$19.99 and Feeling Fine

I have always had an affinity for literature. I recall conducting conversations about the novel Jane Eyre by Charlotte Bronte in the fifth grade. By the time I graduated from high school I had successfully devoured every novel ever published by Stephen King. I swoon at Shakespeare, harbor a secret crush on Fyodor Dostoevsky, and if reincarnated, would come back as a cross between Heidi Klum and Toni Morrison. So, it was no surprise I graduated from college with a degree in English Literature. That my dusty old resume includes stints at a newspaper and classroom teaching.
When I turned 27, I spearheaded a book exchange. Voraciously discussing the latest best sellers, delving into my collection of novels for a second (or third) read, I prided myself on my literary background. And then, with the arrival of my second child, my ahem, 3o-somethingth-blahem-ugh birthday, and the happy chaos of life in a family, I completely forgot how to read.
The truth is, my intentions were still good, my love for literature still compelled me to drag home stacks of novels and carefully pile them up beside my bed. I even carried novels with me on the carpool, strategically positioning them between the wipes and the raisins in my purse. But when push came to shove, I found that my reach only extended as far as a fashion magazine or the headlines of the newspaper. Evening reads were limited to 32 page picture books like "Spot Goes to The Zoo" and "Goodnight Moon". When challenging literature stood before me, my heart said yes but my brain said no. And the books beside my bed became just another thing to dust on cleaning day.
Last week, I found myself standing in line at the Rite Aid Pharmacy staring down the lumpy backside of a colorfully dressed senior citizen ahead of me. And when she turned to investigate me, I furtively glanced away...and zeroed in on a display of magnifying glasses. The same magnifying glasses that had been there every other time I had stood in this line....nearly every month (it seemed) for the past few years. But this time was different, this time I actually SAW the magnifying glasses. This time, unlike all the times before, I had morphed into an apt consumer. Like a doomed moth drawn into the brightness of a light, I found myself shuffling out of the check-out line and into shopping range of the plastic reading glasses where the display's picture, a white haired woman in bright purple glasses (a bit fairy god-motherish) smiled down on me in all-knowing smirk.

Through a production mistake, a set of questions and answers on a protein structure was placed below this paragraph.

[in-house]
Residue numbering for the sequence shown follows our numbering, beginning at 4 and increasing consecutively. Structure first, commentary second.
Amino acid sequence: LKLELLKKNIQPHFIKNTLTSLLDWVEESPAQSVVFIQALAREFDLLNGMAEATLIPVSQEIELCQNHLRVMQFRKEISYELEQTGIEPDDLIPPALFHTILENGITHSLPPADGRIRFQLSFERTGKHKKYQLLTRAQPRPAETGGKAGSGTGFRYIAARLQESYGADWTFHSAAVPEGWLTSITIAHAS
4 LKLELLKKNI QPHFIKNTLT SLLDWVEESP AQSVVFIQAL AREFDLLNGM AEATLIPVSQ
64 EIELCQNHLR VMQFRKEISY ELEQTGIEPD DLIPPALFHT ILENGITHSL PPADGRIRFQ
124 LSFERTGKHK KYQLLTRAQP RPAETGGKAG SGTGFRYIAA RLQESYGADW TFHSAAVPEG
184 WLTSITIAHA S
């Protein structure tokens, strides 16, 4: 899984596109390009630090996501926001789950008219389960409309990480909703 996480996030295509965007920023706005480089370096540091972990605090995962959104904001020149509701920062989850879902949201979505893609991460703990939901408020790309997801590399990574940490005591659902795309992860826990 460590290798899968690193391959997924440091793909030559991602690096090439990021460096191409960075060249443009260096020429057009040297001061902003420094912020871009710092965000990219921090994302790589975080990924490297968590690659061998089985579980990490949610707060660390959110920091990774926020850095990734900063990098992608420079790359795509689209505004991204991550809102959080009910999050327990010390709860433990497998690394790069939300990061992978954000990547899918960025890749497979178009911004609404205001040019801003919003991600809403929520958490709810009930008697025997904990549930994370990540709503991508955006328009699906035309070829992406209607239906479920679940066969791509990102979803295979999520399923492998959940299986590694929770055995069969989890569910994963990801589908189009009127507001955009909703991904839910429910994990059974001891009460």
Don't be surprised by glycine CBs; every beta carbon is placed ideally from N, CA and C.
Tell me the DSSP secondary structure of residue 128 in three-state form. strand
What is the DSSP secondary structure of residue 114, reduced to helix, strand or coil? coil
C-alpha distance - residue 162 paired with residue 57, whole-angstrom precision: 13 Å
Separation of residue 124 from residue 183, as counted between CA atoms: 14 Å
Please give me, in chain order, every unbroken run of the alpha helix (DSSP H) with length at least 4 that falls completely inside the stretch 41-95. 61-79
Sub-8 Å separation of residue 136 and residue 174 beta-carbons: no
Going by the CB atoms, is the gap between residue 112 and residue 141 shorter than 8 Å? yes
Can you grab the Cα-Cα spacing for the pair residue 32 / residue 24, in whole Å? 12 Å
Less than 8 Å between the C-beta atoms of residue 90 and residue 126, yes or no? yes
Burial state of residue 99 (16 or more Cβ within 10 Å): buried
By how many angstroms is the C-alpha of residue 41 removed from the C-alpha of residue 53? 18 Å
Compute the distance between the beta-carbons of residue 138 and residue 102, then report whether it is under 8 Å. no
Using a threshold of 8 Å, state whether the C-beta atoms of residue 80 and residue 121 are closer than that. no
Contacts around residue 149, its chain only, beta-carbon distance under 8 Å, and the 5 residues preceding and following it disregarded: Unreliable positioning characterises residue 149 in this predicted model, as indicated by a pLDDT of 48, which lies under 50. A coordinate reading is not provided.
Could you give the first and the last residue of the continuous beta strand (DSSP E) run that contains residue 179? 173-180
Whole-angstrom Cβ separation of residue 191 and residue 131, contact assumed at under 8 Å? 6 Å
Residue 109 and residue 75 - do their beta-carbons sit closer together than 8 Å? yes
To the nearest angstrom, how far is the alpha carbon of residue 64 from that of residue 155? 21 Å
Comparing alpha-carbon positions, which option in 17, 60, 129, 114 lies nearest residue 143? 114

$19.99 in Green/Ebony is all it took to rekindle the embers of my literary fire. I have finally finished Three Cups of Tea by Greg Mortenson (which agonizingly took me several months to climb to the end, and just a few hours to summit those final chapters). And already, I am halfway through Elizabeth Gilbert's "eat, pray, love" (fabulous so far) and simultaneously introduced to the first few chapters of David Sedaris' "When You Are Engulfed in Flames" (not sure about it). I even have another book on hold at the library, "Animal, Vegetable, Miracle..." by Barbara Kingsolver.
It's as though I've been starving my literary soul for years, and suddenly I can see the gourmet feast before me! I am ravenous, I am malnourished, I am a hungry beast on a mission to replenish my reserves. Bring on the books!!!! I once was blind but now I can see!!!!

1 comment:

JO said...

I have "Animal, Vegetable, Miracle" on hold too...but I have to pay a fine before I pick my copy up, so you will probably get it first!